Hearts manager Paulo Sergio has criticised his players for showing too much respect as they suffered a 5-0 defeat by Spurs in the Europa league.
Rafael van der Vaart, Jermain Defoe, Jake Livermore, Gareth Bale and Aaron Lennon all netted for the Londoners in the first leg at Tynecastle.
"When you let players like Tottenham touch the ball and run into empty space, it's dangerous for you.
"We showed them too much respect. They are men like us," Sergio said.
"First half, we were on the pitch like someone who had bought a ticket, with our eyes on the ball, no press at all - it was awful.
"They played as they wanted in the first half.
"We know there's a huge difference between us and Tottenham, but I know we should do better than we did in the first half."
Hearts now face Kilmarnock in the Scottish Premier League on Sunday before next Thursday's second leg and Sergio warned his players that those who don't learn from the heavy defeat will find themselves sidelined.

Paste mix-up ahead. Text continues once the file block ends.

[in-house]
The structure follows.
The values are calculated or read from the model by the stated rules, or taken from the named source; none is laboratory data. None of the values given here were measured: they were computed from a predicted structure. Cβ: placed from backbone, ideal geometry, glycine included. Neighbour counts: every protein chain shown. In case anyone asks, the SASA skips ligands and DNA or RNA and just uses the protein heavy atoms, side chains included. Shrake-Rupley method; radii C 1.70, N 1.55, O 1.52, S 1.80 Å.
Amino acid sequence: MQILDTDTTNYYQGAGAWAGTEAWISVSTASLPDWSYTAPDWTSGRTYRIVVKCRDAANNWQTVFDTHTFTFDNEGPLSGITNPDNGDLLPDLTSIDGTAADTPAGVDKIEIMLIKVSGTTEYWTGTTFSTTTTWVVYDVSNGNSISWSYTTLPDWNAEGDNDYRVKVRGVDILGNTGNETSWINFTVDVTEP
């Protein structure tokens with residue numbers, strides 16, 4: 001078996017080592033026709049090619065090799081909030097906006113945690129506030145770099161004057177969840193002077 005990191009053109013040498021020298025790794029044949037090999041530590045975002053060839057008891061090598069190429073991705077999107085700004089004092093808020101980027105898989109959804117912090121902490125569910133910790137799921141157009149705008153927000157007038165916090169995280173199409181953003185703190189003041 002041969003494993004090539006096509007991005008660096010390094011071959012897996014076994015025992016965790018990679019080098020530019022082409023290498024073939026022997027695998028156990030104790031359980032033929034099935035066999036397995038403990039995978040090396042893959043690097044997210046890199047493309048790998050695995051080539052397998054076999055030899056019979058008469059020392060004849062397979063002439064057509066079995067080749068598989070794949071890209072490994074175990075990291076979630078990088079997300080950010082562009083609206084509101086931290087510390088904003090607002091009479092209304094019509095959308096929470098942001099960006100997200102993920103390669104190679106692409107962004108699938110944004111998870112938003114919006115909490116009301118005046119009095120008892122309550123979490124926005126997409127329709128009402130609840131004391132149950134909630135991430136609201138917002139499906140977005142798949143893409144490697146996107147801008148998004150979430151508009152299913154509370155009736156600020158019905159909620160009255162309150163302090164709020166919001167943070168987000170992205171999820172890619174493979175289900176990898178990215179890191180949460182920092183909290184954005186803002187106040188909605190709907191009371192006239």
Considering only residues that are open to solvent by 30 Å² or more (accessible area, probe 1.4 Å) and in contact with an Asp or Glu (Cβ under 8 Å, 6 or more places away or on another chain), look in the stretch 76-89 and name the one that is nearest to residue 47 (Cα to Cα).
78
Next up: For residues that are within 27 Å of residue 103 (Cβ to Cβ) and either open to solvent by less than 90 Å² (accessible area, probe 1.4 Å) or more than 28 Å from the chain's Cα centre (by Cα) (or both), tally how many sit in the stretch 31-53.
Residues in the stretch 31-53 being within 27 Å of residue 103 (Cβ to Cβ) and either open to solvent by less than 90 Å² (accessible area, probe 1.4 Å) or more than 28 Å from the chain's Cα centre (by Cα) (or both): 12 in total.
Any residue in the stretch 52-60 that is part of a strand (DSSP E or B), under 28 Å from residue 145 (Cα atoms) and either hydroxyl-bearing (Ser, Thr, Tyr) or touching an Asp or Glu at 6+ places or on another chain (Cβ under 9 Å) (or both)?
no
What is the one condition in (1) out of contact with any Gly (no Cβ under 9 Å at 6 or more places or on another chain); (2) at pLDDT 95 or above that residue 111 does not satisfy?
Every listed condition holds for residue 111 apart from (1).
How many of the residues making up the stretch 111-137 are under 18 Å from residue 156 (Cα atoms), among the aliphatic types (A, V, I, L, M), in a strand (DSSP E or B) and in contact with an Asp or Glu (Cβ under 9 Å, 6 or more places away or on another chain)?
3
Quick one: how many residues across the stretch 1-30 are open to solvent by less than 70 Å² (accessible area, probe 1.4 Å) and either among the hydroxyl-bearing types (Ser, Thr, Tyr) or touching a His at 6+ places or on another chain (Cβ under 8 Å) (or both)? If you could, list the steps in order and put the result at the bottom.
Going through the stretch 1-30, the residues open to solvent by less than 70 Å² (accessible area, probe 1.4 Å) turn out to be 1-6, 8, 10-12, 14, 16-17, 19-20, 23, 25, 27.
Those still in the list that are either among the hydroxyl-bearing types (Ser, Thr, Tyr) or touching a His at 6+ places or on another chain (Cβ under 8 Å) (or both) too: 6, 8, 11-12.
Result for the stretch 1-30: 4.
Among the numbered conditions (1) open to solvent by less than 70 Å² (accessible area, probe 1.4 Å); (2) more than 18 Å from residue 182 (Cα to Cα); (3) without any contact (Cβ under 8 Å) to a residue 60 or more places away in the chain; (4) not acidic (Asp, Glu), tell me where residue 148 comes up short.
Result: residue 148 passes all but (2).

"In football as in life, you should learn from the mistakes you make," the Portugese added.
"It's another opportunity to show that you learn, that you are well prepared for the future.
"People that don't learn are maybe not going to play too many times with me."
Tottenham manager Harry Redknapp was thrilled by his side's display on what was their first competitive outing of the season.
Having thrashed the side that finished third in last year's SPL, Redknapp was hesitant to criticise the standard Scottish football, but the gap in class was enormous.
"I don't want to be disrespectful to Scottish football, but there is obviously a big gulf," he said. "It's plain for anybody to see.
"It is a different level now, for sure - it's pretty obvious. Resources are completely different.
"I've seen some good games, but there's a difference - you look at the money the players earn in the Premier League and the money that's paid in transfers, there's got to be a gulf.
"Listen, we had a good day. We could come here again and it could be different.
"First half we played ever so well and it was difficult for them."